As a newly-qualified teacher I'd heard tales of teachers being given a hard time about the parents' little smashers. As my first parents' evening approached, early in the second half-term, the creeping realisation dawned that I didn't know all the kids as well as I felt I should.
The children at either extreme of the ability range tend to stand out. But then there are those in the middle - especially the quiet, shy ones. On top of that, although I'd had brief words with a few mums and dads when they came to deliver and collect their offspring, I knew the parents even less.
In the end, the meetings were at least as helpful to my development as they were informative for the parents. The first thing I learned was how vital it is to get feedback from home.
There was John who'd told his mum he didn't get any homework, which explained why he never returned his. Bethan seemed to be gaining confidence but told her mum she didn't get picked to answer questions. Ahmed had told me his parents read him the library books he took home which were above his level. His parents complained that he struggled with them.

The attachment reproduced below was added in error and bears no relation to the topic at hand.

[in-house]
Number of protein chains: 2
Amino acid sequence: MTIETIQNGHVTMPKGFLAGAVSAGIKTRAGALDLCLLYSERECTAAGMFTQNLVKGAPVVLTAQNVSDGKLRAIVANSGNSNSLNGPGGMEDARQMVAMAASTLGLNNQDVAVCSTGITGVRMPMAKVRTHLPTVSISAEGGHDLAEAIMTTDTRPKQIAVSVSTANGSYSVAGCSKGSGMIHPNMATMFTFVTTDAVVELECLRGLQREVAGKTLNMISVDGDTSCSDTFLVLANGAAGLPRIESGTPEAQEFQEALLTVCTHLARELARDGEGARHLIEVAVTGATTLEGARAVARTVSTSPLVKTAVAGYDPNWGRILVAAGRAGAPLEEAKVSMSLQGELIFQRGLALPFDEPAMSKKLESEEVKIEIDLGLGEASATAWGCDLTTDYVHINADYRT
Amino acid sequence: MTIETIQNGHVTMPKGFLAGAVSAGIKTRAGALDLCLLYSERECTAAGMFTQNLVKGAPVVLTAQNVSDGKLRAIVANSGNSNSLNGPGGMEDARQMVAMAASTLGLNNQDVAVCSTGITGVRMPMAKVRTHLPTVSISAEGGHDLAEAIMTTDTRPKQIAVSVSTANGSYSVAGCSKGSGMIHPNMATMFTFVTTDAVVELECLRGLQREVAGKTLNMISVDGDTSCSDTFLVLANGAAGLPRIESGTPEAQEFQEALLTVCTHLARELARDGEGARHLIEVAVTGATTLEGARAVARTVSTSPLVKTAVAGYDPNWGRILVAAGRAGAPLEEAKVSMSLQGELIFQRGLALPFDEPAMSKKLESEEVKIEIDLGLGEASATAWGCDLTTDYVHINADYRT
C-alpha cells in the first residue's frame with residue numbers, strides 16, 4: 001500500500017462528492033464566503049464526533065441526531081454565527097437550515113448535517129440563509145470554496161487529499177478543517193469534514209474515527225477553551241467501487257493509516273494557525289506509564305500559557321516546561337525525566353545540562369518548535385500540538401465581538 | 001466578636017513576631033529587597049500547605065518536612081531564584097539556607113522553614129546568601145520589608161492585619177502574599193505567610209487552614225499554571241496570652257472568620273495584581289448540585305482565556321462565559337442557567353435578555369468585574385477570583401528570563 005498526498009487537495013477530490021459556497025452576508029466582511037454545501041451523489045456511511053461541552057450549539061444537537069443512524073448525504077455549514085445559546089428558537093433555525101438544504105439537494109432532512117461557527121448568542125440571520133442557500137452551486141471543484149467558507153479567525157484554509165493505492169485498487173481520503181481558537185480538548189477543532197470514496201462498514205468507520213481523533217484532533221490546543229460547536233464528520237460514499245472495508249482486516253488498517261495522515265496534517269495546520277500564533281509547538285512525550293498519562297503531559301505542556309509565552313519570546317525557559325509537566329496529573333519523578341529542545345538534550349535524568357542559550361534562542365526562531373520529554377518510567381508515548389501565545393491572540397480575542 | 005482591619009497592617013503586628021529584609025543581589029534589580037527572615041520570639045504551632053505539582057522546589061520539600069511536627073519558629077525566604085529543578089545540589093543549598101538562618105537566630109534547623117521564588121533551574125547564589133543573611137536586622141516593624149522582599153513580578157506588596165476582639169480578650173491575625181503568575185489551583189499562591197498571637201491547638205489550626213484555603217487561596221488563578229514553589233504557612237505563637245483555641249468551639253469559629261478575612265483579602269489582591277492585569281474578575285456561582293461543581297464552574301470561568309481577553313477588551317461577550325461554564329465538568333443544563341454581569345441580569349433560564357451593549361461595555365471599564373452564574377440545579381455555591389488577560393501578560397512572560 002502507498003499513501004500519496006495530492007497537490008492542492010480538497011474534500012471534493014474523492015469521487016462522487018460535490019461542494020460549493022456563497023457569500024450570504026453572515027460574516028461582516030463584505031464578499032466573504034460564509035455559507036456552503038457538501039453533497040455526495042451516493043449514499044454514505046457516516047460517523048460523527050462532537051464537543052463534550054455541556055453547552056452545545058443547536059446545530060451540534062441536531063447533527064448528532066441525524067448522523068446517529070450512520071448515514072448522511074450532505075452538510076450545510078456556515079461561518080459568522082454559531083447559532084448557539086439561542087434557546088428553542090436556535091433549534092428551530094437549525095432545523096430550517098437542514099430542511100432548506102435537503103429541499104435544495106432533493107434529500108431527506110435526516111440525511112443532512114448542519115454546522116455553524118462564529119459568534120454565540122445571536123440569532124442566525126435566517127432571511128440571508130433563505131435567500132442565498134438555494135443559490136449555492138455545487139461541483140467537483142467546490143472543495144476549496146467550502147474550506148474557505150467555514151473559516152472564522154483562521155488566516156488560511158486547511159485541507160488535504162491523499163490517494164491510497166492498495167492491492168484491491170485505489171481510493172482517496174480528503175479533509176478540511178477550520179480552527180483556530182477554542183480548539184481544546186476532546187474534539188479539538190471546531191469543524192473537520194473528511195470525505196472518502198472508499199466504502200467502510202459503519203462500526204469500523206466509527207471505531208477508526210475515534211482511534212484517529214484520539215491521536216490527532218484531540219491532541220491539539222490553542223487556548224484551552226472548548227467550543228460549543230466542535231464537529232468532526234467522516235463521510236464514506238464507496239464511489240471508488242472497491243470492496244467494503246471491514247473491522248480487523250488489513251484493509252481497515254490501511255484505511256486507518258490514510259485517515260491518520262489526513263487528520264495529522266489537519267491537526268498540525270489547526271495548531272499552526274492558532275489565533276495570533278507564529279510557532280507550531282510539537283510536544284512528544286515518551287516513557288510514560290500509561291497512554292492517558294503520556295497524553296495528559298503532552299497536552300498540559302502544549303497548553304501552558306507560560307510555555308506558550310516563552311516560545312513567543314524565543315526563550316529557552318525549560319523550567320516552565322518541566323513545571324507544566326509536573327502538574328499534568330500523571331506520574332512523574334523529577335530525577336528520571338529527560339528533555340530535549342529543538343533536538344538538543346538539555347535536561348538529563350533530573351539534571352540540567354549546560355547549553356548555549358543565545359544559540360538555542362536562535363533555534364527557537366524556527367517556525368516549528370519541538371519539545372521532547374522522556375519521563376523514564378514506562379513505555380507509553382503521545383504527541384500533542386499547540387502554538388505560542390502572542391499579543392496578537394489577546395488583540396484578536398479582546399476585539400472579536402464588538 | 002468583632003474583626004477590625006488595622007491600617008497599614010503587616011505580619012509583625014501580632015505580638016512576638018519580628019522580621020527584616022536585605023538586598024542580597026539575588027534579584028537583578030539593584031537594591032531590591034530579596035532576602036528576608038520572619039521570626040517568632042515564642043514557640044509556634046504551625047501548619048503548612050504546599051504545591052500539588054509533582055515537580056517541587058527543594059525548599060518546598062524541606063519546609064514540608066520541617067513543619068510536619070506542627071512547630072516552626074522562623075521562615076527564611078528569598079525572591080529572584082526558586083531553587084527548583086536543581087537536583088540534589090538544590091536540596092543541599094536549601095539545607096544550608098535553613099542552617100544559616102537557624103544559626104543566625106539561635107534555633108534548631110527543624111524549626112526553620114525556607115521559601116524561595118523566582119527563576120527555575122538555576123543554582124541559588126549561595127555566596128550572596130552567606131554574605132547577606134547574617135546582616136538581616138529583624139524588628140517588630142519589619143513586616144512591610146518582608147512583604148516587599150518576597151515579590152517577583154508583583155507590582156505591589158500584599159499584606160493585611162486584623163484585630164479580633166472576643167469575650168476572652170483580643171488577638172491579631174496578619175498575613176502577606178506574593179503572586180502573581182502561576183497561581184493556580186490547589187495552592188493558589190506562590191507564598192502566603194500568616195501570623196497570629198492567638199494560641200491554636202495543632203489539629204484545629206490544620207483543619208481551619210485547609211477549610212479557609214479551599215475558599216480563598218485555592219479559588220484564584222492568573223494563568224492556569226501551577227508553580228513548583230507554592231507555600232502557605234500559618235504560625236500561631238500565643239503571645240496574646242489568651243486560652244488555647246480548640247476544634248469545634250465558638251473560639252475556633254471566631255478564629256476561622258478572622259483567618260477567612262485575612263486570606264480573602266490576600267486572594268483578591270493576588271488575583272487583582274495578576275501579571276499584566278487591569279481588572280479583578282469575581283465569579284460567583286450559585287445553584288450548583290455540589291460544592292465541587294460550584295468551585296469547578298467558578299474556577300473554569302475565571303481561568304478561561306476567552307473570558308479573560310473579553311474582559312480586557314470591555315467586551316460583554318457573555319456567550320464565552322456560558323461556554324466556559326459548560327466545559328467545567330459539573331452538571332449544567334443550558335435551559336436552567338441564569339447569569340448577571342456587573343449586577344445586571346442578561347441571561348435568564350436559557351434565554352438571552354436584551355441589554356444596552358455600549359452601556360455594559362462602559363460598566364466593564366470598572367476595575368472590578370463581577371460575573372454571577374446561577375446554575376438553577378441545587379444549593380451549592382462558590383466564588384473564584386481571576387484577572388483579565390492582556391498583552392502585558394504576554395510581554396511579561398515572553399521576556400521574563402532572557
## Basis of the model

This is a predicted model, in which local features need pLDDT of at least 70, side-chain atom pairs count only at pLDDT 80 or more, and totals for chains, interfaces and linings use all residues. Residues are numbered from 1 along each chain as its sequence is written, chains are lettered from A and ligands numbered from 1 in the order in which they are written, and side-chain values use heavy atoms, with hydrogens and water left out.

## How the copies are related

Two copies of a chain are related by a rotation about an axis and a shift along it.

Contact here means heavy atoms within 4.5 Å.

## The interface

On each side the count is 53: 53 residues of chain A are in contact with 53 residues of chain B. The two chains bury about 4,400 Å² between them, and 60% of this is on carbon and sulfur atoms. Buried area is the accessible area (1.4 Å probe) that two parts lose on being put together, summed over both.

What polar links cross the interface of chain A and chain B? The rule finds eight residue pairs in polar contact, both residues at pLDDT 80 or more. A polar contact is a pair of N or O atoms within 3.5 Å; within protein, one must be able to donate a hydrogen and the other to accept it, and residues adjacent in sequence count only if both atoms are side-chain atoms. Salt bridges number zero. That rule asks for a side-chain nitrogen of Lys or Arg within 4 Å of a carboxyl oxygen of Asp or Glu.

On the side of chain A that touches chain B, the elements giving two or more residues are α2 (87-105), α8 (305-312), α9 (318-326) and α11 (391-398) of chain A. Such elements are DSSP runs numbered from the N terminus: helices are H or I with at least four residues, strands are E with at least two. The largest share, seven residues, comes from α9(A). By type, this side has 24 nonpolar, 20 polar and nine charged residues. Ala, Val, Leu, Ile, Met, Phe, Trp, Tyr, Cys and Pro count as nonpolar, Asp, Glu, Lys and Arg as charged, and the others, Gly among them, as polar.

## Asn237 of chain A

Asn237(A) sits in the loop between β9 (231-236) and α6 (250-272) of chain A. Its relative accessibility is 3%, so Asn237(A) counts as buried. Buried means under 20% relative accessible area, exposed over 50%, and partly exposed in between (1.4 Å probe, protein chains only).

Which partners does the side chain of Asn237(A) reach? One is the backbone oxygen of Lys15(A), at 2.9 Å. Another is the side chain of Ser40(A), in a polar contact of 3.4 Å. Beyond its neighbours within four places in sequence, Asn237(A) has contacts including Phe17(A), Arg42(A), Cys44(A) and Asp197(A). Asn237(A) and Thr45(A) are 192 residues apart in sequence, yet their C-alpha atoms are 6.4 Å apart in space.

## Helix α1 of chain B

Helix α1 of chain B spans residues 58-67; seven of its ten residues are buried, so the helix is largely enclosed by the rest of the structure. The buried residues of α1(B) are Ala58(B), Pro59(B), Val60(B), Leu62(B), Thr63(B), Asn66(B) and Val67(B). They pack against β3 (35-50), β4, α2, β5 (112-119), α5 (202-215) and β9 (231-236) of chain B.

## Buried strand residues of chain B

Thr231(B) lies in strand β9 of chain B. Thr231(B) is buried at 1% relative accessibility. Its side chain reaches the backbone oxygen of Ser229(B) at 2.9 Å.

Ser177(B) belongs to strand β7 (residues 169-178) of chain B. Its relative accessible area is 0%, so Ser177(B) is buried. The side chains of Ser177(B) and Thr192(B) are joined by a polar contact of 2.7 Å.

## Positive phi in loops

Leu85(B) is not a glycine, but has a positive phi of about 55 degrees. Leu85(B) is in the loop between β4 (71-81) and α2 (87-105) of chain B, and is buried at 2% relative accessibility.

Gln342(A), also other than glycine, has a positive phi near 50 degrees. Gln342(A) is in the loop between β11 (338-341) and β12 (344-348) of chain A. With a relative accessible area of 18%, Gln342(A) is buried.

The second thing I learned was that keeping records on the children's day-to-day achievements was more than tedious paperwork. Half a school year on, and the parents and I are no longer strangers. As for records, though it's hard to find the time, I'm developing stuff that matches the national curriculum for thoroughness, if not tedium. Go on, ask me how many Year 4 words Jose has securely, or Miriam's command of her times tables... What do you mean you'd rather read the national curriculum?
David Ogle is a class teacher at Pooles Park primary school in London. The names of the children have been changed